Original Research

Essential newborn care in rural settings: The case of Warrap State in South Sudan

Alfonso C. Rosales, Juli A. Hedrick, Dennis T. Cherian, Erin C. Moore, Kelley M. Brown, Elizabeth Walumbe
African Evaluation Journal | Vol 2, No 1 | a80 | DOI: https://doi.org/10.4102/aej.v2i1.80 | © 2014 Alfonso C. Rosales, Juli A. Hedrick, Dennis T. Cherian, Erin C. Moore, Kelley M. Brown, Elizabeth Walumbe | This work is licensed under CC Attribution 4.0
Submitted: 25 April 2014 | Published: 18 December 2014

About the author(s)

Alfonso C. Rosales, Senior Technical Advisor Maternal, Child, and Newborn Health, World Vision United States, United States
Juli A. Hedrick, Senior Program Management Specialist, Health, International Programs Group, World Vision United States, United States
Dennis T. Cherian, Senior Director, Health, International Programs Group, World Vision United States, United States
Erin C. Moore, Program Management Officer, Health, International Programs Group, World Vision United States, United States
Kelley M. Brown, Project Assistant, Health, World Vision United States, United States
Elizabeth Walumbe, Project Manager, MaCHT, World Vision South Sudan, Sudan


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Abstract

Essential newborn care is taking a predominant role in addressing under-five healthcare delivery interventions. There are no current well-established guidelines or common methodologies on how to assess the situation of newborn care in countries with weak health information systems, especially when addressing situational needs in rural settings. The main objective of this study was to test the feasibility of collecting information using a community based approach to assess the level of coverage of essential newborn care, especially for rural settings. Six indicators related to promotion and provision of thermal care, early initiation of exclusive breastfeeding, and hygienic cord care, were measured. A two-stage stratified and weighted random sampling was carried out. Standard sample calculations were used to determine a sample of 511 respondents. Descriptive results from the population survey showed that the prevalence of newborns receiving all recommended elements of essential new born care in the surveyed area was 1%. The most common element completed, with nine out of ten respondents, was wrapping the newborn immediately after birth, but only 1% were not bathed within the first six hours after birth. Survey results confirmed low coverage of systematic application of essential newborn care measures in rural areas of Warrap State in South Sudan.This observational study indicates that the collection of information on health care behaviours around essential newborn care indicators (thermal, cord and eye care, and breastfeeding) can be reliably achieved, especially in hard-to-reach areas, at the community level.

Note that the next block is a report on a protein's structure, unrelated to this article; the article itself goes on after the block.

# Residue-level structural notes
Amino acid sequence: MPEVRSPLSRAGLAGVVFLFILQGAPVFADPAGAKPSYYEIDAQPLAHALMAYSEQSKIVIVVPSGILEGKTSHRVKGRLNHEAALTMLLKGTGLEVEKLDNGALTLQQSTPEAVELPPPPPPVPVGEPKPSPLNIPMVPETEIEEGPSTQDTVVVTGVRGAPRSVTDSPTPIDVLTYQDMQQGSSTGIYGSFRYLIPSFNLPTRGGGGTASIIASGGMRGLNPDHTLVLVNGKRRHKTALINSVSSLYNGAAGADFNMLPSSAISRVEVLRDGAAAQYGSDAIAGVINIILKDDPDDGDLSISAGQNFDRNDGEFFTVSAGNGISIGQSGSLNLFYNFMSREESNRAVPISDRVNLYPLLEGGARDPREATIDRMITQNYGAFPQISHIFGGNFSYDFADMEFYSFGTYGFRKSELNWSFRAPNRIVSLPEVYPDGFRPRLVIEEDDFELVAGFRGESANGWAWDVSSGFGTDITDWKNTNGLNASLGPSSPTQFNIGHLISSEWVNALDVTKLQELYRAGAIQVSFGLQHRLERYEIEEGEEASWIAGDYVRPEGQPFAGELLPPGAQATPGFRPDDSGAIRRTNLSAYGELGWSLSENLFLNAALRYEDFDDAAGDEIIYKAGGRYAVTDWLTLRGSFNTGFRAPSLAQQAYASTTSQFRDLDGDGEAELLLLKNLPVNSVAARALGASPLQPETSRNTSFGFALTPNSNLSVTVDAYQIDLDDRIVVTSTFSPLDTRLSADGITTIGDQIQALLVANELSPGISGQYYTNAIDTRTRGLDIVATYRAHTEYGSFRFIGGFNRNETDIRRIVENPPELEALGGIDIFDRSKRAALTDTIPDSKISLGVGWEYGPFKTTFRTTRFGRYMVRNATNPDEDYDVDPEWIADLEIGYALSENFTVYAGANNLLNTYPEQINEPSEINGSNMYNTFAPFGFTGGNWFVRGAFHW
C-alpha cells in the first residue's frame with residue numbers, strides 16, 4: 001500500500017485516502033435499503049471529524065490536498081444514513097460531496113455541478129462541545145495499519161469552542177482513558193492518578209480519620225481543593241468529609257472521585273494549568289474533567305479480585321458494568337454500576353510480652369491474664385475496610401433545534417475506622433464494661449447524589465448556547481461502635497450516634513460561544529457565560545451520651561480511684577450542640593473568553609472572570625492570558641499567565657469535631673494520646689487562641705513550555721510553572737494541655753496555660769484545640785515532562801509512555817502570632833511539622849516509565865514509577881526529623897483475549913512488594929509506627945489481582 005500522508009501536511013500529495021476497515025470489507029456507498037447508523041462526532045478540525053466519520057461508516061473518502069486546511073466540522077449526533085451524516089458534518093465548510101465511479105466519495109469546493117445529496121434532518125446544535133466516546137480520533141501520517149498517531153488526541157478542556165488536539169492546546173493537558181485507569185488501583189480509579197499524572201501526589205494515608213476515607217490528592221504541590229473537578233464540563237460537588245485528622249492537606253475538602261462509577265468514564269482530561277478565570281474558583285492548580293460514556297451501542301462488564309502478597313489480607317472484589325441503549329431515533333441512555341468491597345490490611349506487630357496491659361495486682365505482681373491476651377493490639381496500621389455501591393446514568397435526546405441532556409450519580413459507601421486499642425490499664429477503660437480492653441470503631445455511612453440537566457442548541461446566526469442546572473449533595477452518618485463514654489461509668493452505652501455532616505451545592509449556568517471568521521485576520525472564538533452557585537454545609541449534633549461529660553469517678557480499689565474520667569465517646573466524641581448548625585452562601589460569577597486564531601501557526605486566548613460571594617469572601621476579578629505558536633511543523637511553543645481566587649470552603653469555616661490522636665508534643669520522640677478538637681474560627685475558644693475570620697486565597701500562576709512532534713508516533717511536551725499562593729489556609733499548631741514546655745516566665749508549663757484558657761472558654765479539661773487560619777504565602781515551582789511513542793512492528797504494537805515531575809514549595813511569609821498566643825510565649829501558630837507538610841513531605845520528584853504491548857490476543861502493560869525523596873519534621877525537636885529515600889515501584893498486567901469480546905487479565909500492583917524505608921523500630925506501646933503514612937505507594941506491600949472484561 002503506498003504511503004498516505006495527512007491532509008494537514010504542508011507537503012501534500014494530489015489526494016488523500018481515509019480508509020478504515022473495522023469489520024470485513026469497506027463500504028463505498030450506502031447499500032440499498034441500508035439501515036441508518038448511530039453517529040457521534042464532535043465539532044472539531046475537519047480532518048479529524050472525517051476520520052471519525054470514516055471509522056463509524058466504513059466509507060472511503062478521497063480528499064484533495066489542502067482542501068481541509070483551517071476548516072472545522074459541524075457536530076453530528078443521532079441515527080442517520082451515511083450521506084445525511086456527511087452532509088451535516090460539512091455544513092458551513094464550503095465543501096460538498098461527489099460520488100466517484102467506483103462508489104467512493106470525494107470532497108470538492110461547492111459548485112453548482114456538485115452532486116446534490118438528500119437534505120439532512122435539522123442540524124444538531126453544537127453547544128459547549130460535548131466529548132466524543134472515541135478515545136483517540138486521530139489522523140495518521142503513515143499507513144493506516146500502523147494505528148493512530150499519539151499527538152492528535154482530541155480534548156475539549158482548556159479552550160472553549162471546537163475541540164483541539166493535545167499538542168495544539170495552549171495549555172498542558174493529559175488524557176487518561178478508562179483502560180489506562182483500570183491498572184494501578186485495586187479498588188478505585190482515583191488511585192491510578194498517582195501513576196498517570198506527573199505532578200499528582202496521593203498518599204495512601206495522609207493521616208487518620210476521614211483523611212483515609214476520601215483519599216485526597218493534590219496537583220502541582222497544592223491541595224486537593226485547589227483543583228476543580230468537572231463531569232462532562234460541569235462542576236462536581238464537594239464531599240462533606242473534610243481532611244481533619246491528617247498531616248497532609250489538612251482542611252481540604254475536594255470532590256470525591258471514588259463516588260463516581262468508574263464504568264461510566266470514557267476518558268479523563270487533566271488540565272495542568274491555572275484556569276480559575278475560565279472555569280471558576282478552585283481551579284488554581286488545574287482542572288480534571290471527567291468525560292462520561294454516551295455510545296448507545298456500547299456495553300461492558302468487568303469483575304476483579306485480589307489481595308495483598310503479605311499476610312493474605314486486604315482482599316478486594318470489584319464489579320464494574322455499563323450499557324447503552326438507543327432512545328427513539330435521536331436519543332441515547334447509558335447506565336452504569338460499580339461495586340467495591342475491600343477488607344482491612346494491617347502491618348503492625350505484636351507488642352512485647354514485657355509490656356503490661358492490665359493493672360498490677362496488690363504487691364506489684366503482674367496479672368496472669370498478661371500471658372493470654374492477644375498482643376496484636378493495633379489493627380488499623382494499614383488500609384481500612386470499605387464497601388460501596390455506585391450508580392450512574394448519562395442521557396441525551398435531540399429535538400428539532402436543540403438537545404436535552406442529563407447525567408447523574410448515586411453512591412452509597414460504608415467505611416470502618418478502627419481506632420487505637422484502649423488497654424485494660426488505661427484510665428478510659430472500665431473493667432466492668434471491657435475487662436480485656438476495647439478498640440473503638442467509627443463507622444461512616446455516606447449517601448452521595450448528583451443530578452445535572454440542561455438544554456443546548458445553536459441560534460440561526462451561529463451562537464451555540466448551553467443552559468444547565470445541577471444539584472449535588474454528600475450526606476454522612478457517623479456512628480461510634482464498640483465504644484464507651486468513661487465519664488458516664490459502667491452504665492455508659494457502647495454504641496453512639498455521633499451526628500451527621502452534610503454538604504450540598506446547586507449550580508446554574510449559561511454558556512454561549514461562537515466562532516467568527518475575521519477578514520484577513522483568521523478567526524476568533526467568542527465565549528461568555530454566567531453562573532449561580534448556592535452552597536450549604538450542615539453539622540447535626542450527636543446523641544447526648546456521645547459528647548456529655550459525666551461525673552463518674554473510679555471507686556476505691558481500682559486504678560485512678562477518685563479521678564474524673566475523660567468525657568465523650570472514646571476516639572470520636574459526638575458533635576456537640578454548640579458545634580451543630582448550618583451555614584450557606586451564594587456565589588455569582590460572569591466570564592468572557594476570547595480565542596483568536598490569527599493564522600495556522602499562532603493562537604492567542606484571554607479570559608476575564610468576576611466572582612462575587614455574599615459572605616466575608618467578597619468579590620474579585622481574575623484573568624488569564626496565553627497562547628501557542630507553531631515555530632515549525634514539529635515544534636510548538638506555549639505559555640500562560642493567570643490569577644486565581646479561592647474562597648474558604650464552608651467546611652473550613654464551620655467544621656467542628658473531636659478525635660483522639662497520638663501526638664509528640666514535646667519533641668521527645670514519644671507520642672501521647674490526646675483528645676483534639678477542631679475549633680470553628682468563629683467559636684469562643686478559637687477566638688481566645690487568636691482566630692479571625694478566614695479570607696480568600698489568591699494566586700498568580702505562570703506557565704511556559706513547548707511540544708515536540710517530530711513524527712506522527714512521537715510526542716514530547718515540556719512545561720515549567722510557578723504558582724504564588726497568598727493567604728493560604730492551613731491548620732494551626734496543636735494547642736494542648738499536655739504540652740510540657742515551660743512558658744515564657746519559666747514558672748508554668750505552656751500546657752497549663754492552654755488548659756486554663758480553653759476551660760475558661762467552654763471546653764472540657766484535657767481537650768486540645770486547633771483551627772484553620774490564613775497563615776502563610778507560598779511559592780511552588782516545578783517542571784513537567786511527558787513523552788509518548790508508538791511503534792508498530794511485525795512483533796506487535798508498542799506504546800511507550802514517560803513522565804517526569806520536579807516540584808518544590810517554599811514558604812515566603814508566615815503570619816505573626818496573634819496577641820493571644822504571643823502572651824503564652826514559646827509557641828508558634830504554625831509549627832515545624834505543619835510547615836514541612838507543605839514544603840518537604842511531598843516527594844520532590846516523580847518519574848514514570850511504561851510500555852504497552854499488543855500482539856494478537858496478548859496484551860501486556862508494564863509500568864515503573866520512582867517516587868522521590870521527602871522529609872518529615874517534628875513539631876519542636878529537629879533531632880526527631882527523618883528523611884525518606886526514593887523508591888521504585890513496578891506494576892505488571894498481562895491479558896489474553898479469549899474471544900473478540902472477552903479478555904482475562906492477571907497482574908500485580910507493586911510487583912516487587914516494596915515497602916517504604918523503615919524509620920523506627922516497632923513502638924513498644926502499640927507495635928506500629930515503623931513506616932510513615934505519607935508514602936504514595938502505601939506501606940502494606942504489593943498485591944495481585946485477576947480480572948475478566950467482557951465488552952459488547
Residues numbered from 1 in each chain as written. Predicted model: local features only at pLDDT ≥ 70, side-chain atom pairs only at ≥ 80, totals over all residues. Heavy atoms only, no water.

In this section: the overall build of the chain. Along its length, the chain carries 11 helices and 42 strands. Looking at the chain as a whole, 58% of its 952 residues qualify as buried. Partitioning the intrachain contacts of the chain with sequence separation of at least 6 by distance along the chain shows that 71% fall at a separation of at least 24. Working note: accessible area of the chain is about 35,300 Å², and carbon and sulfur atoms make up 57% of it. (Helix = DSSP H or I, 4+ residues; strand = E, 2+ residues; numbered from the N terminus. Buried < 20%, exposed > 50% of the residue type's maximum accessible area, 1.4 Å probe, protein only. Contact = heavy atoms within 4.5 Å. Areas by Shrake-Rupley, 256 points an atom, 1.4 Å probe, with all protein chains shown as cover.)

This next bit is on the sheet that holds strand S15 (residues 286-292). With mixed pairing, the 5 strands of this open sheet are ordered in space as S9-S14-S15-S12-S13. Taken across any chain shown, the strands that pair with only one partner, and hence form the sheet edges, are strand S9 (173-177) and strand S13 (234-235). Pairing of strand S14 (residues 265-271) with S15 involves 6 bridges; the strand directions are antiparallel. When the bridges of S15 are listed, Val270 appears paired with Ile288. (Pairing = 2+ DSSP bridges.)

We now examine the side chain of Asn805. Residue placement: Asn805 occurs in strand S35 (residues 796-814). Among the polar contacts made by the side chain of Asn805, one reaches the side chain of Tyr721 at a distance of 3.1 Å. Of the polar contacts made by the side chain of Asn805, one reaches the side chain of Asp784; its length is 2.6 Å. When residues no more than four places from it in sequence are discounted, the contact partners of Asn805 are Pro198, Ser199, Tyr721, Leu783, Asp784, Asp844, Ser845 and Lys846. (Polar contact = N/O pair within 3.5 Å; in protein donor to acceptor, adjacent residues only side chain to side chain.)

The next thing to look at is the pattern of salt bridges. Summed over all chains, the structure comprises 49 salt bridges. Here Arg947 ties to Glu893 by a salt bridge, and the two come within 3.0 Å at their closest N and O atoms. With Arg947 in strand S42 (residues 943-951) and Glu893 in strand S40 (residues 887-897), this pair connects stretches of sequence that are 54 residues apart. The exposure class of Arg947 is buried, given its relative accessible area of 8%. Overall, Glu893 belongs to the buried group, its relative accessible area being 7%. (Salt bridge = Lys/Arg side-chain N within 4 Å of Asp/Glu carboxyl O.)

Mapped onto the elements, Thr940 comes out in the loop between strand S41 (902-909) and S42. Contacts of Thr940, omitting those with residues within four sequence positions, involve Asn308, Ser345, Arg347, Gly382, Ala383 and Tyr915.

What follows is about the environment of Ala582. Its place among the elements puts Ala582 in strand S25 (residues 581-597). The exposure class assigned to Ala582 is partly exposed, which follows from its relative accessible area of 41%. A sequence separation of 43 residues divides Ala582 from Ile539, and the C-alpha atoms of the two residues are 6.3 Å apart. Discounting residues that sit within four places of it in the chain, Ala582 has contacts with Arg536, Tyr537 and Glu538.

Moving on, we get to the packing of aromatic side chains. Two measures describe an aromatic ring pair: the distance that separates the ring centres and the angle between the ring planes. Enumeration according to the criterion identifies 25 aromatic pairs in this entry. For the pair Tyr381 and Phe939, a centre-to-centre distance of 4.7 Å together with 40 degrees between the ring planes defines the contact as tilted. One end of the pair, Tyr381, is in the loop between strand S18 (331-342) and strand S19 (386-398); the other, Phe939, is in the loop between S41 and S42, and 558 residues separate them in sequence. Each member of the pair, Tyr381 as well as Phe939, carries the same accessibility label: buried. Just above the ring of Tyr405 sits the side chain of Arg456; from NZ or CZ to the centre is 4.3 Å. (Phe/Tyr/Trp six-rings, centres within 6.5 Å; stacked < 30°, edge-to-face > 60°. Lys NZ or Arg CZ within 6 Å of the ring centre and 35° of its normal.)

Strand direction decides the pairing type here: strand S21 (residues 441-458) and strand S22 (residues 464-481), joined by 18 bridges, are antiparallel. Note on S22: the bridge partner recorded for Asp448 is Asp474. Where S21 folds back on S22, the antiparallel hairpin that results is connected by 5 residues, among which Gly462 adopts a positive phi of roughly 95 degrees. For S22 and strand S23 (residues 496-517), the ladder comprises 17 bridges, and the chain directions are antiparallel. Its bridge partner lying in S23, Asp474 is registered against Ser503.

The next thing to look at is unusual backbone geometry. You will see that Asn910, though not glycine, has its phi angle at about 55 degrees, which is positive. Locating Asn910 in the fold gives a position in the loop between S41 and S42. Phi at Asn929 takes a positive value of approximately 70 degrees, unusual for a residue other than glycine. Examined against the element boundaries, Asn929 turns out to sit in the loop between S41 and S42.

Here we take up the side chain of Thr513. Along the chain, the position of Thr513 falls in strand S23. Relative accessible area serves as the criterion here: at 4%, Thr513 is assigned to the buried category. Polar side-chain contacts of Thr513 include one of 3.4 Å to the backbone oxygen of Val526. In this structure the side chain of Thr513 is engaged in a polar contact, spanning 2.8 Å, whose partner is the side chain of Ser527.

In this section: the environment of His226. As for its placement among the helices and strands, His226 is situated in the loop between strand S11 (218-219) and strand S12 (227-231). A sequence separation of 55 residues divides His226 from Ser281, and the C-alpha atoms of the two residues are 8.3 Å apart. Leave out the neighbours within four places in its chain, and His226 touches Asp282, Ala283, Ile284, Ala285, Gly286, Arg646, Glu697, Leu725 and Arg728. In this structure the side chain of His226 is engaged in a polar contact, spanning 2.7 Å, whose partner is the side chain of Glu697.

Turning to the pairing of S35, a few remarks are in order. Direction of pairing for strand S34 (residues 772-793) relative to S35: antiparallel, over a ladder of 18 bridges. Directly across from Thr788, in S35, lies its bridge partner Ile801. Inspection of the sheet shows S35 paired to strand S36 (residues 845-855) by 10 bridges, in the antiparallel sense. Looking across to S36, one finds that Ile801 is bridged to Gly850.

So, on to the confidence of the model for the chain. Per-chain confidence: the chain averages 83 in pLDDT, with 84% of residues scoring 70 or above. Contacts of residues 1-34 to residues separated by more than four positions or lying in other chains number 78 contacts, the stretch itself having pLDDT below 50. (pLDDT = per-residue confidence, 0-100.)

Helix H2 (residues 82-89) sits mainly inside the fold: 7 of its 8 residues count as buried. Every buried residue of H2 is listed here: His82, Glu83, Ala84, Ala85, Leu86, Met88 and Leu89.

Keywords

New-born health; community health; development

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